Seventy Encourages Students to Ask God for Spiritual Gifts
Contributed By Sarah Harris, Church News staff writer
- Heavenly Father is anxious to bless us with spiritual gifts.
- If we desire spiritual gifts so that we can build up the kingdom, we will receive them.
- By asking for spiritual gifts and working to develop them, we become more like our Savior.
“Jesus taught His disciples that our Father in Heaven is a very generous parent. He encouraged them, ‘Ask, and it shall be given unto you.’” —Elder Larry R. Lawrence, General Authority Seventy
Elder Larry R. Lawrence, General Authority Seventy, encouraged BYU–Idaho students to ask Heavenly Father for spiritual gifts in his devotional address on Tuesday, June 13.
“That giveth to all men liberally”
He said the counsel in James 1:5 to “ask of God” applies to all the gifts of the Spirit.
“We are invited to ask God for any that we lack,” Elder Lawrence said. “We can ask for faith, for discernment, for personal revelation—for any spiritual gift.”
Elder Lawrence quoted President George Q. Cannon, former counselor in the First Presidency, who said, “If any of us are imperfect, it is our duty to pray for the gift that will make us perfect.”
Elder Lawrence listed several spiritual gifts mentioned in the scriptures, such as the faith to heal, the faith to be healed, the working of miracles, the gift of prophecy, the gift of tongues, and the gift of discernment.
He also cited several scriptural examples of people who were blessed with spiritual gifts. He talked about Adam’s gift of prophecy, Enoch’s faith to perform miracles, Abraham’s unwavering faith, Sarah’s patience, Ruth’s loyalty, Joseph the carpenter’s gift of dreams, Peter’s gift of healing, the brother of Jared’s gift of asking, Mormon’s gift of being quick to observe, and Alma the senior’s gift of recall—or remembering words of truth long after he had heard them.
The Lord’s one stipulation in His children asking for spiritual gifts, Elder Lawrence said, is that these gifts are to be used for the building of the kingdom.
“In other words, we should not be seeking gifts to build ourselves up in the eyes of others or for personal financial gain,” he said.
“And upbraideth not”
The Lord will not scold His children for asking for spiritual gifts, Elder Lawrence said.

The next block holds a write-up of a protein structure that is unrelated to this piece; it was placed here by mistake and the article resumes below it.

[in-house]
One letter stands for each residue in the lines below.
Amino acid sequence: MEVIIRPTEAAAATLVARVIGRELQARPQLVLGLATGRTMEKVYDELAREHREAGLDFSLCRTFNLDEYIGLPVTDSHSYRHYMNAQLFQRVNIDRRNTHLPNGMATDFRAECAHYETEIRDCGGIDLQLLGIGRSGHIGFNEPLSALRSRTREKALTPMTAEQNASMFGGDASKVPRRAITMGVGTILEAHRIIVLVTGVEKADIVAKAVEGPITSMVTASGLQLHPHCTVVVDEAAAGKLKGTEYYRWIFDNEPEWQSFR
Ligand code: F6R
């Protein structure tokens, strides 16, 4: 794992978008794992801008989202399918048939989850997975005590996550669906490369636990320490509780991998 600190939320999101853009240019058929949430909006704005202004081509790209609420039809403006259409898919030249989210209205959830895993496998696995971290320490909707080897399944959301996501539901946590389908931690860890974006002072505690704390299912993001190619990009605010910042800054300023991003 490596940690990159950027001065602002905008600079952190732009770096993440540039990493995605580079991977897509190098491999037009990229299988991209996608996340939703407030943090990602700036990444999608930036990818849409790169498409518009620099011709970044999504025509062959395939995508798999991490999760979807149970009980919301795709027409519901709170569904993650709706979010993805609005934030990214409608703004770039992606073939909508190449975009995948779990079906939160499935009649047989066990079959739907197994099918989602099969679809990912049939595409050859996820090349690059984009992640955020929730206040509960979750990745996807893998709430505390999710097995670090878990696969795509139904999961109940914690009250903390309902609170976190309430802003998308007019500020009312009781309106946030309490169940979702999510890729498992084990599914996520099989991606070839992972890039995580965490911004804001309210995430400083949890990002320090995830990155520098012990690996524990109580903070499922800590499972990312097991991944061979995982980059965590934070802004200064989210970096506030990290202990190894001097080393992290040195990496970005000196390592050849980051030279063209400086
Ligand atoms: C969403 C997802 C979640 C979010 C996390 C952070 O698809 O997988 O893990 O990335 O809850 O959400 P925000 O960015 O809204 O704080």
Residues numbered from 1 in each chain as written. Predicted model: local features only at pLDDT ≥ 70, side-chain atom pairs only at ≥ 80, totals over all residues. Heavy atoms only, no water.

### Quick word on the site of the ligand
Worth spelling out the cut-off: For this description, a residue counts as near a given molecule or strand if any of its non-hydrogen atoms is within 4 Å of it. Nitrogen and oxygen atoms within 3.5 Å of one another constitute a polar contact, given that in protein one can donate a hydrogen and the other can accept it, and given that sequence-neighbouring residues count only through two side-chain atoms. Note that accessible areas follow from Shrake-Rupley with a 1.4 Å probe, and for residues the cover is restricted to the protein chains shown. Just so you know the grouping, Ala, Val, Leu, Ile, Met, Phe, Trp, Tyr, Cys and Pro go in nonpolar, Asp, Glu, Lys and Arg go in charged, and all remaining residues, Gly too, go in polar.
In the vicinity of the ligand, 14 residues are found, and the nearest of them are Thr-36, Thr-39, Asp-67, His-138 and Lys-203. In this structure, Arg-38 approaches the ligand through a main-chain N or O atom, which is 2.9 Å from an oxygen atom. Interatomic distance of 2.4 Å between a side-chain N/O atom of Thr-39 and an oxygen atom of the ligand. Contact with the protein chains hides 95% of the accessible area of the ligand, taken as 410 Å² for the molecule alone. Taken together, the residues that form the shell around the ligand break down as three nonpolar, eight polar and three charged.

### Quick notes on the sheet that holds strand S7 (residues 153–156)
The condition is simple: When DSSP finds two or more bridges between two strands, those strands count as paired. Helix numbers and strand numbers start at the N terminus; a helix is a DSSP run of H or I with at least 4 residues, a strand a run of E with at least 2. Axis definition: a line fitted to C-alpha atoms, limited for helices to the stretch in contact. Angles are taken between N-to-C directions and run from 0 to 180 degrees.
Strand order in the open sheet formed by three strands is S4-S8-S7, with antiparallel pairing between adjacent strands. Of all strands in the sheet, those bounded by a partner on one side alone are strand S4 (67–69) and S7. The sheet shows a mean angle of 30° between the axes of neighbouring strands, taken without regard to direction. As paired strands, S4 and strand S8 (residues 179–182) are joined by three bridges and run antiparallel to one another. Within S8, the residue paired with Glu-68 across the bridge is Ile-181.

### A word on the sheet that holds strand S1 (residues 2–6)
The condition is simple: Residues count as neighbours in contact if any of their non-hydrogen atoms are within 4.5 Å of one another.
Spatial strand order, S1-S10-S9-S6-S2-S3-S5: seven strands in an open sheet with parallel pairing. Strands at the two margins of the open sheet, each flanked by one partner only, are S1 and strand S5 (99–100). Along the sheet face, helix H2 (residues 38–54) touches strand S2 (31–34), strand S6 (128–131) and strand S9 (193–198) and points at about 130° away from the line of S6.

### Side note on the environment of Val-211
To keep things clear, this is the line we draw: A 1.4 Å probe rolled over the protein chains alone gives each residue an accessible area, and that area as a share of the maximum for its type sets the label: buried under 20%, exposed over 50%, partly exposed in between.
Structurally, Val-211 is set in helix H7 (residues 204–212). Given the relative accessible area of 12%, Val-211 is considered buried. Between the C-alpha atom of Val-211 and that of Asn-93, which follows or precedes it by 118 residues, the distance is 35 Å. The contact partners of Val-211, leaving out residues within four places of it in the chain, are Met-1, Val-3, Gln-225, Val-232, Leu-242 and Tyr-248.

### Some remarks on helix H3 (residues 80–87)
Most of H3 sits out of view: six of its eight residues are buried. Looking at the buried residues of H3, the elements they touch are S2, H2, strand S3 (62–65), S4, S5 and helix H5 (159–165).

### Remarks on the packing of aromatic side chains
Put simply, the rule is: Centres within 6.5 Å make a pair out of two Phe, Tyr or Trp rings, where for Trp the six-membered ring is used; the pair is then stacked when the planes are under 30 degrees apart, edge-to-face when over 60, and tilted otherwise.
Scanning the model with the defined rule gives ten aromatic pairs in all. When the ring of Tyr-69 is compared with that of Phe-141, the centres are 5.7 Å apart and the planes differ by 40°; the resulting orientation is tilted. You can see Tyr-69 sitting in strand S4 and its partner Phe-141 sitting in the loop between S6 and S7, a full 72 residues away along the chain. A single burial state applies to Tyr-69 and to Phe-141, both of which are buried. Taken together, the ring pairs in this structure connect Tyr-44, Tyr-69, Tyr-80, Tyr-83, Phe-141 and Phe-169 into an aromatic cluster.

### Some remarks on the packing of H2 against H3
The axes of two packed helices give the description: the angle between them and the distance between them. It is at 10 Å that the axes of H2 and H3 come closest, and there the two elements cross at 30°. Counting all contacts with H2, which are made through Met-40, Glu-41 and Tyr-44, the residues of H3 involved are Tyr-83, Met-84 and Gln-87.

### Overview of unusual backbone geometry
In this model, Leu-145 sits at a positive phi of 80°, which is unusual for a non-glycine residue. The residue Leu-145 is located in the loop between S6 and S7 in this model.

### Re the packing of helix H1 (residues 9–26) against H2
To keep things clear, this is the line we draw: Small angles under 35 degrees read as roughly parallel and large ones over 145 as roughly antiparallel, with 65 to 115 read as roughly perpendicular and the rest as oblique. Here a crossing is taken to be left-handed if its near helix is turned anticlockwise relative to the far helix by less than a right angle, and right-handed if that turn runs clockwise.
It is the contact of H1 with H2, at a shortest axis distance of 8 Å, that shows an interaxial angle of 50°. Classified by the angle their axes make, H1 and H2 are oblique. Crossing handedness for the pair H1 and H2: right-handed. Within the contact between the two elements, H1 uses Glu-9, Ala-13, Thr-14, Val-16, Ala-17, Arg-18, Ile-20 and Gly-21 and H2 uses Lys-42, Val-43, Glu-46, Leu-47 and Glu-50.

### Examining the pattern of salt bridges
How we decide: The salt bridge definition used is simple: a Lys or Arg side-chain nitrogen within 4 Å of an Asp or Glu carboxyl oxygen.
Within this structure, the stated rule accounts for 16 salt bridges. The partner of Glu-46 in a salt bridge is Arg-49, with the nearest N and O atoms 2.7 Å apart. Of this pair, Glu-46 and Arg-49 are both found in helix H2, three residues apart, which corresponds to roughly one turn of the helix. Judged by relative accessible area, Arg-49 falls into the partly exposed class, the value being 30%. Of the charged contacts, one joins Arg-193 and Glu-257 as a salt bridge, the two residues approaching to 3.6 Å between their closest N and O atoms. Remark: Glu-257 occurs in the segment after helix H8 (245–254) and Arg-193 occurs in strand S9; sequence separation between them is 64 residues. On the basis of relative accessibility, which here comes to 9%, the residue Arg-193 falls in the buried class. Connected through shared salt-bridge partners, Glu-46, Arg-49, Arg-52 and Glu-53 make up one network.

“Heavenly Father is much more generous than most of His children realize,” he said. “He is never annoyed at us for asking for divine help.”
Elder Lawrence compared this to a Christmas morning in which several gifts remain unopened under the Christmas tree after a father has given a special and useful gift to each of his family members. The father then explains the gifts are for whoever wants one—“just ask for what you need.”
“Jesus taught His disciples that our Father in Heaven is a very generous parent,” Elder Lawrence said. “He encouraged them, ‘Ask, and it shall be given unto you.’”
Every worthy member is given at least one spiritual gift, Elder Lawrence said. He said he observed as a mission president in Russia that every elder and sister in his mission was uniquely gifted.
He said he saw in certain missionaries the gifts of tongues, fearlessness, creative ideas, making friends, organization, or a cheerful heart. He also noticed missionaries who were blessed to be peacemakers, good listeners, or problem solvers.
“I saw firsthand how their various gifts complemented each other,” Elder Lawrence said. “No missionary possessed every gift, but each possessed at least one.”
“Ask in faith, nothing wavering”
Elder Lawrence shared a personal example of a time when he asked Heavenly Father for a spiritual gift. After he joined the Church, he asked the Lord to help him overcome his “fiery temper.” Elder Lawrence said the Lord gradually blessed him with more patience in all areas of his life.
“If you find you could use more patience, why not ask? Patience is a spiritual gift,” Elder Lawrence said.
He also told the story of John McFarland, who was called in the 1860s to be a choir director in St. George. McFarland had little experience writing hymns but prayed for the gift to compose a new carol for that year’s Christmas program. The result was a beloved Christmas hymn we now know as “Far, Far Away on Judea’s Plains.”
“The music and the lyrics were inspired of God, given in the form of a spiritual gift to a dedicated choir director,” Elder Lawrence said.
He encouraged students to follow the admonition in Moroni 10 to “lay hold upon every good gift” by first asking the Lord, “What lack I yet?” and then asking for the gift that would help them improve.
“In this way, our weaknesses will truly become our strengths,” Elder Lawrence said. “God is waiting to hear from you. So why not ask?”